Romana Žihlavníková: if one student fails then it’s their mistake, but if the whole class does then it’s on me!

Romana Žihlavníková has been teaching psychology at NEWTON for five years. Alongside teaching, she runs her own NGO developing courses to train people to work on suicide hotlines, and also works with Doctors Without Borders. Here, she tells us what she loves about teaching, and why she sometimes views her students’ failures as her own… 

So Romana, what brought you to NEWTON University?

When I started in academia, I was teaching at a public university and I found the students there very passive. There were also really strict rules about how to teach psychology, and, as a young teacher, I had my own very strong views about how to teach – I want to make it interactive, to use experiential learning techniques — and these things just weren’t possible at a public university. So I wanted to find a university where I would be able to play during lectures, and have flexibility in terms of how to teach. I also wanted smaller groups – at the public university I was teaching 150 students at once, which made it impossible to teach in the way I wanted to.

How long have you been teaching at NEWTON?

Well, I started part-time, around 5 years ago. And then I was full-time for two years, but now I’m back to part-time and I’m only teaching on the English programme.

Are you working on other things, alongside teaching? 

Yes, quite a few things! The main project is my own non-profit organisation, which develops courses to train people to work on suicide hotlines. We teach people how to work on the hotline, but we’re also continually trying to improve how we teach it, so every course is a playground for experimenting with new ways of teaching. I’m also a suicide hotliner myself, working as a psychologist. And I also work with Doctors Without Borders as an Events and Campaign Manager, so I’m responsible for every event and campaign that is organised here in the Czech Republic. And finally, I also work at another non-profit organisation that teaches first aid courses. I am the head lecturer and team leader, and my focus there is on improving and evolving the course to be more interactive, hopefully leading to better information retention by the students.

Wow, it sounds like you’re extremely busy! And everything’s related to teaching, or to developing courses. What do you like about teaching?

I like the process of finding effective ways to teach people, it’s very creative. If I see that every student in a class has a problem with one particular thing, then it’s probably because we are not teaching it very well. So we begin with the information that something is not working, and then it’s our job to find out why, and to work out how to teach it better. This is the same principle for all teaching, including in my teaching at NEWTON University –  if one student fails, it’s their mistake, but if every student doesn’t understand, it’s feedback for me.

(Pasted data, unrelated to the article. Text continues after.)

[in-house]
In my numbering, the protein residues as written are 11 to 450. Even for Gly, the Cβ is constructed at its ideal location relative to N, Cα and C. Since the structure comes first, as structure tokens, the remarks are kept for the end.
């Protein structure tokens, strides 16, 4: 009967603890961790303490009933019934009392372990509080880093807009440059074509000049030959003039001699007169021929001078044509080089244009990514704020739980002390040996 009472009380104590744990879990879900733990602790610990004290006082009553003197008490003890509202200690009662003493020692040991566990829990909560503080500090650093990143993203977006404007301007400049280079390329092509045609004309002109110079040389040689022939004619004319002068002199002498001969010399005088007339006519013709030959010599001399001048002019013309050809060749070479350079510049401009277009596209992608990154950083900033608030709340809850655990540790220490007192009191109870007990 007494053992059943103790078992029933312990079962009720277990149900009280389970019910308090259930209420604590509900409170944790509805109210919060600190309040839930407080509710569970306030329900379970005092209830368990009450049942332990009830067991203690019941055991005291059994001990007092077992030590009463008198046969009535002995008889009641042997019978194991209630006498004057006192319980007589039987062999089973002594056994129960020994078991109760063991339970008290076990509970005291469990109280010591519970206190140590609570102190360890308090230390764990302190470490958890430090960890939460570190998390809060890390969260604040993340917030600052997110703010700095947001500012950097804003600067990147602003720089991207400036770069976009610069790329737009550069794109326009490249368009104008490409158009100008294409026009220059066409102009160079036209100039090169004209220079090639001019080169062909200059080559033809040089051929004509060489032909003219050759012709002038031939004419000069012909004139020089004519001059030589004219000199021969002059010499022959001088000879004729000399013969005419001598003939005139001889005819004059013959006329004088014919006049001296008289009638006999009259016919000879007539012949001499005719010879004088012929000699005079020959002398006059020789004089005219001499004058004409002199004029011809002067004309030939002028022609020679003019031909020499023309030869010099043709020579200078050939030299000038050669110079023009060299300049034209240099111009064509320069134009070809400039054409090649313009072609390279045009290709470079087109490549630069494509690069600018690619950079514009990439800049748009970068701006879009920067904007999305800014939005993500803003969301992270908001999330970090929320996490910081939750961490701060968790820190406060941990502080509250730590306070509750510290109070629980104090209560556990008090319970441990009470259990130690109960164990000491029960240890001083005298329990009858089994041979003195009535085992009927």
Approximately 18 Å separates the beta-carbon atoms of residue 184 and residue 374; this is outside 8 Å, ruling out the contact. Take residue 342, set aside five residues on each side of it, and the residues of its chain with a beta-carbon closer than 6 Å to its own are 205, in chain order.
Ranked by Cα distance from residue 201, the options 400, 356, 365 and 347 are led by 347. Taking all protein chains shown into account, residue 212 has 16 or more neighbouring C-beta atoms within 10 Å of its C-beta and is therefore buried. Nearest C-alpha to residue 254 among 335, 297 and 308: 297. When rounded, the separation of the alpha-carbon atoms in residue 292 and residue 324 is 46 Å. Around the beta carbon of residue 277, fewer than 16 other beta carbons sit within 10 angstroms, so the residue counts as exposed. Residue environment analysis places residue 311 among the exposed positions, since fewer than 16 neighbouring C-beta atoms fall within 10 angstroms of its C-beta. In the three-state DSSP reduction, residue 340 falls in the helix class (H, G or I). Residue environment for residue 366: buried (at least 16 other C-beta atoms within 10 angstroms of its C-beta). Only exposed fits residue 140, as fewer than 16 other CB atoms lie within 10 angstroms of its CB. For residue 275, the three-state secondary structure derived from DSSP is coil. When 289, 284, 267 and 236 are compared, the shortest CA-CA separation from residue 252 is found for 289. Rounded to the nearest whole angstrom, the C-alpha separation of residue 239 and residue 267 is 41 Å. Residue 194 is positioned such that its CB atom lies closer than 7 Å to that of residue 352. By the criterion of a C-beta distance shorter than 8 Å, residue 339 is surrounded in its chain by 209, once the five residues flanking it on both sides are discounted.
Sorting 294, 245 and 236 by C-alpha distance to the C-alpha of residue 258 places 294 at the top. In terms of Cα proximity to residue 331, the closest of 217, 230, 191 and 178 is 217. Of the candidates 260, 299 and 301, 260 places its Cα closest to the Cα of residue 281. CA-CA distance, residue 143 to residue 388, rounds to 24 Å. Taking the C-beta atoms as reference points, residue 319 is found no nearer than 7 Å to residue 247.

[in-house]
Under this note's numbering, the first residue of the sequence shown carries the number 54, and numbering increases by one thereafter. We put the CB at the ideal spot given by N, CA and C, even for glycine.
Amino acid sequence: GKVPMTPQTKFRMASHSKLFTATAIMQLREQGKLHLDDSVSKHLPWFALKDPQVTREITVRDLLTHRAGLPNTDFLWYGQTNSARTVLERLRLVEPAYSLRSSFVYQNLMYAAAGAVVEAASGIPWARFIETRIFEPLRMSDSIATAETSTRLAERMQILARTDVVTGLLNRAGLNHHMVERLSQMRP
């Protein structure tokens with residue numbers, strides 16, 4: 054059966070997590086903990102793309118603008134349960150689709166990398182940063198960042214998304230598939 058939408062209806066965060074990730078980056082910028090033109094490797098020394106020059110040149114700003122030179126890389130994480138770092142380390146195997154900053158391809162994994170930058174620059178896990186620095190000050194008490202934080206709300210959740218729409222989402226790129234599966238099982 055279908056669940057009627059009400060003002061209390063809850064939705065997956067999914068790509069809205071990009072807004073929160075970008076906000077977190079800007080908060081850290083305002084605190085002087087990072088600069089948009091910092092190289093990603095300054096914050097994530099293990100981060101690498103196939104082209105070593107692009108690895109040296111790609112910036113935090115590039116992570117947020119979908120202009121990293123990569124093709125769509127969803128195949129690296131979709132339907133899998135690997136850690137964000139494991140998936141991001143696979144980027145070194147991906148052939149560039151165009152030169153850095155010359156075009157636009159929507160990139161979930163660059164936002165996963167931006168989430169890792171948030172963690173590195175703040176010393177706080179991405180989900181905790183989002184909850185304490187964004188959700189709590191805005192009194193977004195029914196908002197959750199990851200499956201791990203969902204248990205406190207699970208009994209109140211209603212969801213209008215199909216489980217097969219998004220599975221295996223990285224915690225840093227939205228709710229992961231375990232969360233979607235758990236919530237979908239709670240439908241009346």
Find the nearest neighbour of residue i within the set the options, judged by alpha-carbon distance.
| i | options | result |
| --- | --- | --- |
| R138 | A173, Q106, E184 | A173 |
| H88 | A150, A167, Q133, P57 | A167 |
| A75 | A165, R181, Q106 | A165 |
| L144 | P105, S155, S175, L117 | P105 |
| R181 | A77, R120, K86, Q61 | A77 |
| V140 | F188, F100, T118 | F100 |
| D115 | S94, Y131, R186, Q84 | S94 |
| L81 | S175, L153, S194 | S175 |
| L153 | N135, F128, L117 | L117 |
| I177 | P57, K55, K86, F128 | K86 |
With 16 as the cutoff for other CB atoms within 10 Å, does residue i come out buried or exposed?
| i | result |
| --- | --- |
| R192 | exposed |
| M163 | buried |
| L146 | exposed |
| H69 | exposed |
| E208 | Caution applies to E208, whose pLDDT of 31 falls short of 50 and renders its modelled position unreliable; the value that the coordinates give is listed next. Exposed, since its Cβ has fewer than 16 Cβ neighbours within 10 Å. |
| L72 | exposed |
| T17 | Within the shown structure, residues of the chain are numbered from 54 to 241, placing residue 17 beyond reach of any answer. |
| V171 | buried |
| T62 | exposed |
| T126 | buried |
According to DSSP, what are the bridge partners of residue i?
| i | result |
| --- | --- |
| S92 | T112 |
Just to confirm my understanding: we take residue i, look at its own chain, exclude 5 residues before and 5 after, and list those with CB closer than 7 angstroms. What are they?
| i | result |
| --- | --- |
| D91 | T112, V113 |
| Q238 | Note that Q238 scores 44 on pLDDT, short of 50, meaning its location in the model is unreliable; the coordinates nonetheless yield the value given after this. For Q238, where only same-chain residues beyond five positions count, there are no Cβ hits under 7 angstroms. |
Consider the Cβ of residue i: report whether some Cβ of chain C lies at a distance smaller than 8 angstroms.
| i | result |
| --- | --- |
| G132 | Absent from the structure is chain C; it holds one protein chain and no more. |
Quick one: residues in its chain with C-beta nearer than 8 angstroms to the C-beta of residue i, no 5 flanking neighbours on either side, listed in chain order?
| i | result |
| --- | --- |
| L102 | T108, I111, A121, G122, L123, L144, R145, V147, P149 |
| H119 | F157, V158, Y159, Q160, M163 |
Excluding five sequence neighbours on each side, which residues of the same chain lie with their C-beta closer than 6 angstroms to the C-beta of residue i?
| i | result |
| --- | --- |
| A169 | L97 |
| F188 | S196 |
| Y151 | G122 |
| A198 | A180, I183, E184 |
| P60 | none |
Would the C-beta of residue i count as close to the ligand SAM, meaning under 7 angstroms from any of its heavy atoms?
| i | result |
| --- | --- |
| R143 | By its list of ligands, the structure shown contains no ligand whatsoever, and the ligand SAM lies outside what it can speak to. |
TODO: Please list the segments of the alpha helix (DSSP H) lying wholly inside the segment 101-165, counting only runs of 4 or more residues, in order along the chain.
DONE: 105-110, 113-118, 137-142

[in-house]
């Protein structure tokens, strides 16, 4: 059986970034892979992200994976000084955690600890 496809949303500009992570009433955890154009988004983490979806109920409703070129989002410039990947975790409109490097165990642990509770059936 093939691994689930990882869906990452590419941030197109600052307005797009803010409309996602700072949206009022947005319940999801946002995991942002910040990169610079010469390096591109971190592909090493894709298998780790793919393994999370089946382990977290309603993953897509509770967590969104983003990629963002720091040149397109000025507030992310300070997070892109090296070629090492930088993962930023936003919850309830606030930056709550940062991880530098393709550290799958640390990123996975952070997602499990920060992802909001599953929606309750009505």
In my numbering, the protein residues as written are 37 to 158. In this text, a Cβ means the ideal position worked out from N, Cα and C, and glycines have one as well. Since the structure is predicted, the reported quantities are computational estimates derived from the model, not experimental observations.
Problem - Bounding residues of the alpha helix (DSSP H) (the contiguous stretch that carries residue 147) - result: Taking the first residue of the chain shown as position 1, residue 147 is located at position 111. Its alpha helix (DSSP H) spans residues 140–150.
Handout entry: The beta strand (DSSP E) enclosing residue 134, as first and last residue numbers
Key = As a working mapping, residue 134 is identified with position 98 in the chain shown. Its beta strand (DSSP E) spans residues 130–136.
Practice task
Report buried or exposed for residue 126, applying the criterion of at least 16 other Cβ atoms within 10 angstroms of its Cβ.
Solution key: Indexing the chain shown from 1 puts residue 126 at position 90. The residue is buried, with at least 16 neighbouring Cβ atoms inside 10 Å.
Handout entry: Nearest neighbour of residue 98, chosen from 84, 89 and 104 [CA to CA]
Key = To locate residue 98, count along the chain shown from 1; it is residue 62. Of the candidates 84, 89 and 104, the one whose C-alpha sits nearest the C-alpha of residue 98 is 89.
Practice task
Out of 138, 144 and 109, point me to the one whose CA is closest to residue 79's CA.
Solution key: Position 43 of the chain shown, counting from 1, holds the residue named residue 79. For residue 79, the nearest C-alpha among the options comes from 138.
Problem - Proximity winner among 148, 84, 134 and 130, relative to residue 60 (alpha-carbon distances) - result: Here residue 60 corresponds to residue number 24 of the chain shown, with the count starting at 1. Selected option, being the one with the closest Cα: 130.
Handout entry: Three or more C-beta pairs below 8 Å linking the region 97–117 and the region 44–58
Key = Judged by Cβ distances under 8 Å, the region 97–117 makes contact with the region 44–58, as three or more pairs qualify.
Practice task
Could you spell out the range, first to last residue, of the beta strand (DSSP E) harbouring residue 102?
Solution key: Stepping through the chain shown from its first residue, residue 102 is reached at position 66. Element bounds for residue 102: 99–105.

What are you teaching on the English programme?

I’m teaching Psychology for Managers, Basics of Social Psychology, and part of the course for Presentation Skills.

So why do business students need to study psychology? 

I only teach things that will be of practical use to students. For example, the course looks at how the mind works, our biases, how we are prone to making mistakes, how intuition is not reliable, and the limitations of our mind when it comes to things like intuitive statistics — and we study them all in as fun a way as possible! I think these kinds of things are important for everyone to know, but in business especially they can help people make better decisions. And I use examples from areas they’re studying, or workplace situations that they might experience in the future. 

And how is this year going so far?

I like all of the students this year, they’re good fun. And now it’s got to the time in the year when they realise they can laugh if I make a joke, and then they relax, participate more and become more authentic, which is great. That’s also why I stayed on the English programme — the group is small, so they are not too shy to share interesting stories and have discussions, which makes it fun!

Are you involved in any research at the moment?

I’m trying to finish my PhD, so I am focusing on that right now. It's about transgression and bending rules – and how to manipulate people into not transgressing without them knowing it! This year it will end, and that’s great, because I really need it done!